Multi-front attack on clean water takes aim at state authority

States’ ability to ensure water protections in massive federally approved projects like mines or dams would take a major blow under an EPA proposal. The agency is taking comments on the rollbacks until Oct. 21. (© Robert Llewellyn)

UPDATE: EPA released its new rule, limiting state's and tribe's authority to protect waterways, on June 1, 2020. SELC will be reviewing the rule.


In another affront to clean water protections, the Trump administration is proposing to weaken the key mechanism states use to ensure federally approved construction projects, like mines, interstate pipelines or dams, don’t pollute or destroy our water.

SELC will be submitting our comments on the administration’s proposal, along with numerous partners, before the public comment period ends Monday, Oct. 21. You can add your voice to those urging federal officials not to cut key input from environmental reviews by clicking “Comment Now” at this link.

The specific issue at hand is a core provision of the Clean Water Act, the central federal law protecting our streams, rivers, lakes and wetlands from industrial pollution and development. Section 401 of the act gives states and tribes the power to limit pollution from projects that require a federal permit. In the past, states have depended on the Clean Water Act Section 401 certification process to lessen impacts from massive dams, giant river alterations, huge wetland fills, and interstate fossil fuel infrastructure. For example, through the Section 401 certification process, states have required federal dams preserve stream flow necessary for aquatic life and provide fish passage for spawning.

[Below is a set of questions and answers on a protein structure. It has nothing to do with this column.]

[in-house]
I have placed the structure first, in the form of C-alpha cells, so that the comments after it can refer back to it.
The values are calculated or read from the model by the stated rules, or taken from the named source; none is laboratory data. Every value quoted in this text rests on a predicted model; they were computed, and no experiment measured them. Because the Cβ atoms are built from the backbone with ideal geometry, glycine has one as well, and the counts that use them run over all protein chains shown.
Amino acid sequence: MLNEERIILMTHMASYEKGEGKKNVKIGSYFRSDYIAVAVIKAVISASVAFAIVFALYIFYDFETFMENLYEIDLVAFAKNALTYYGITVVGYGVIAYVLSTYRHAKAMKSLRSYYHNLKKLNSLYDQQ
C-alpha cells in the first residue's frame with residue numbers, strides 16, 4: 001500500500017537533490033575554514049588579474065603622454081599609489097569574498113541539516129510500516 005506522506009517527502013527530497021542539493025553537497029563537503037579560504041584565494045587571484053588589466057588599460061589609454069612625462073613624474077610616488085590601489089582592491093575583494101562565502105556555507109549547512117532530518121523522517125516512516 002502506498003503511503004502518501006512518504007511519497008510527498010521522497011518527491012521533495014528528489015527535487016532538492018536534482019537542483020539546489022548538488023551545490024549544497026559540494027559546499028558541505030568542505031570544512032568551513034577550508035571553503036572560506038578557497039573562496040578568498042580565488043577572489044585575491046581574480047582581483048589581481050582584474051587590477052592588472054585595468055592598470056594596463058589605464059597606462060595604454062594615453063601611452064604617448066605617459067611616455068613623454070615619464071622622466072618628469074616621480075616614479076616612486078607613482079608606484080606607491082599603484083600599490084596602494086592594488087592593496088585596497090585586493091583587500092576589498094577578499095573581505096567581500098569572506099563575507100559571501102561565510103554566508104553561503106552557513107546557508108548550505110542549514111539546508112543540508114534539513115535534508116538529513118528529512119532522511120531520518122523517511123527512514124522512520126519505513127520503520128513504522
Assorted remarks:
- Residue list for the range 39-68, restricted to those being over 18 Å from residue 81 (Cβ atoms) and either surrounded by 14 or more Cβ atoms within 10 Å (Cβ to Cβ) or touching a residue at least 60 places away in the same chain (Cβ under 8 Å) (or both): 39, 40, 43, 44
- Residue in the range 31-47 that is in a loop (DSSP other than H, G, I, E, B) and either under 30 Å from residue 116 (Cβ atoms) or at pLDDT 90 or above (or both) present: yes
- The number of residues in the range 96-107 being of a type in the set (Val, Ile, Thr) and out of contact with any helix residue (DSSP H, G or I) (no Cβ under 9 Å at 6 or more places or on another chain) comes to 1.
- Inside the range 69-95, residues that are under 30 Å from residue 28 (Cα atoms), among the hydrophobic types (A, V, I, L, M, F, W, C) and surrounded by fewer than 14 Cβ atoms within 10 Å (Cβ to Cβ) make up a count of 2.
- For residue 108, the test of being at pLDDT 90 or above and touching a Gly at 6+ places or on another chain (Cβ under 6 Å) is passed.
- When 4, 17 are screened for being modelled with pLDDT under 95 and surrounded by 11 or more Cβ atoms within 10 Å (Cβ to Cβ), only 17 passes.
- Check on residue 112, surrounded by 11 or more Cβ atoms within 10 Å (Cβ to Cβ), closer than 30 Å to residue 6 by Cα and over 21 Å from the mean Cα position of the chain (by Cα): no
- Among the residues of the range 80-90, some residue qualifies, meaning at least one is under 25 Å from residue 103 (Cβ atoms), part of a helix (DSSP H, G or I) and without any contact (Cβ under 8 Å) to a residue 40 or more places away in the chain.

The administration’s proposed changes are designed to undercut the role of states and tribes in protecting their local waterways and wetlands and the public’s ability to participate in reviews of destructive projects. These exclusions limit states’ and tribes’ ability to protect waterways, thus allowing more pollution into our rivers, lakes, and the drinking water sources that our families and communities use every day.

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